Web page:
I need to use a figure from a published paper that is non open access, and copyrighted. What is the general advice for going about this? Do people tend to pay the fee for access to reproduce it? Or do you just not insert it into your preprint article? It would be difficult for me to not have it in my article, since it's the central framework I am using
If you're determined to include the figure from this paper in your article, you'll have to get permission from the copyright holder to reproduce it. Some journals allow free licensing through the copyright clearance center marketplace - you should check that first. If that doesn't pan out, large publishers typically have a licensing, reprints, and copyright department that you may be able to contact with your request.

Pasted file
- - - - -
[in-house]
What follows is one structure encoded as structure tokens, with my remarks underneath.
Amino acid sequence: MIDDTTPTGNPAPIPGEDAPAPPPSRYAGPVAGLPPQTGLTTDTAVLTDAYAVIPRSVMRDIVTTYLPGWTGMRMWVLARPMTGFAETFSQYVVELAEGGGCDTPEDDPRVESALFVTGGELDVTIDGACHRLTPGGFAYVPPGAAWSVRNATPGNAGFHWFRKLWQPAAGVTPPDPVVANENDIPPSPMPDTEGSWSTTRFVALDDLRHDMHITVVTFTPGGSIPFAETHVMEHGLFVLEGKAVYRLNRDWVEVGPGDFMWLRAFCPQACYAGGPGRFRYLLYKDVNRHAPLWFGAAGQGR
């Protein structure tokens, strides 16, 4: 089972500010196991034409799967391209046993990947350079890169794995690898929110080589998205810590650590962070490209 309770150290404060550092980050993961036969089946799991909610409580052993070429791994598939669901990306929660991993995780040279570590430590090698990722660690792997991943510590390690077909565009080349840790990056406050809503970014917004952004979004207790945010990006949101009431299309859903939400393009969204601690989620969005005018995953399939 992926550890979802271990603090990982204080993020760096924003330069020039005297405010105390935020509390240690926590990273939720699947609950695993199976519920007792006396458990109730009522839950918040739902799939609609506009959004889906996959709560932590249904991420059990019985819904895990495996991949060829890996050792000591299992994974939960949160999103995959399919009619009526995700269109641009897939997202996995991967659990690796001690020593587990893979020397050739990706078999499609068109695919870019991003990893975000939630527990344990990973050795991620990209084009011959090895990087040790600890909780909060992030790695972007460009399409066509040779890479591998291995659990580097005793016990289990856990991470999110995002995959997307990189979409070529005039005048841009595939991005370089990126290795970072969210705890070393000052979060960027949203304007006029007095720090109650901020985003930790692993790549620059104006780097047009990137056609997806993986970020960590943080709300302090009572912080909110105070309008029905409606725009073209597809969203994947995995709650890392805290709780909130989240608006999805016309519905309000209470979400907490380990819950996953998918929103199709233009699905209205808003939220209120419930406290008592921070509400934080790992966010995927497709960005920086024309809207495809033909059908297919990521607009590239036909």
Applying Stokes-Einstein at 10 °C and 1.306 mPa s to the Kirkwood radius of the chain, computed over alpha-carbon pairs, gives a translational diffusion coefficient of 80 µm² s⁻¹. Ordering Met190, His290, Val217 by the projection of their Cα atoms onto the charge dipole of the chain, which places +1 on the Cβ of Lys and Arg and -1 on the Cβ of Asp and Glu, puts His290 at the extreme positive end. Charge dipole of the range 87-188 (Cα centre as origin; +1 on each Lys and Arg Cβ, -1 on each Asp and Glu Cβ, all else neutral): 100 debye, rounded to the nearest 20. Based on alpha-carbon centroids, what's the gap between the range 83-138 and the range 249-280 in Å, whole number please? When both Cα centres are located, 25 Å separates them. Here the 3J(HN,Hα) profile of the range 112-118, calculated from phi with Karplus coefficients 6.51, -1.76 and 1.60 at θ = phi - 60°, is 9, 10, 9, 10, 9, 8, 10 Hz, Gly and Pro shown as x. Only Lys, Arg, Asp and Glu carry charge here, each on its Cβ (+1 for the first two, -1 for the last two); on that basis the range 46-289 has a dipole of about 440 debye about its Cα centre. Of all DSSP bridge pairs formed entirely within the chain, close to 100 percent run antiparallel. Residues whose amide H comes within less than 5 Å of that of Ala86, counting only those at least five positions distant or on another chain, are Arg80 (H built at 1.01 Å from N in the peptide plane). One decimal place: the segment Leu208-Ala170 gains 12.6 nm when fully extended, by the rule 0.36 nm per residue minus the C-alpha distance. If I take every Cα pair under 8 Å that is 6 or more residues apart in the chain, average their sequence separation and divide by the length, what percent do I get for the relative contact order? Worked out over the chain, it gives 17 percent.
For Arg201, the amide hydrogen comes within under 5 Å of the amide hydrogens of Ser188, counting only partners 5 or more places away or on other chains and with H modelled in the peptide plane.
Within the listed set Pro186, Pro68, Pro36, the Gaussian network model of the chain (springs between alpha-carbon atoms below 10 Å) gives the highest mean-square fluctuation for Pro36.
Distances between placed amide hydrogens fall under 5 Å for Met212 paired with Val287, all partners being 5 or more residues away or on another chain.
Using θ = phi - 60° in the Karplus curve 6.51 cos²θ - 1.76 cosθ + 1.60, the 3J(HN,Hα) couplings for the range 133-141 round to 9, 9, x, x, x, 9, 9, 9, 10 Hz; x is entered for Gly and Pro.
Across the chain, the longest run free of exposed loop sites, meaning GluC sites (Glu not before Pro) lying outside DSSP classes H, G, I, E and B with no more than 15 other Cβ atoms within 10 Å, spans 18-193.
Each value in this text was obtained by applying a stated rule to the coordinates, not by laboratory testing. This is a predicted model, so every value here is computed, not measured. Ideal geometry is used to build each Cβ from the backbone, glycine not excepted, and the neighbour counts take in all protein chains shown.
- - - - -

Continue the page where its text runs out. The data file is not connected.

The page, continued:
If you can't secure a reprint license through those methods, you can always make your own figure based on the same data or concepts.
The copyright holder of the figure has exclusive rights to reproduce (reprint in exactly the same form) or adapt (reprint a version with elements added/removed) the figure. Paying the fee to access the article does not confer copyright. If you want to reproduce or adapt the figure, you need to get permission from the copyright holder, or else you can't legally do so.
What you can do is redraw the figure. Copyright covers the particular expression of an idea, but not the idea itself. You can take the original figure of a schematic or workflow or whatever it may be, and produce a new figure from scratch that represents the same information.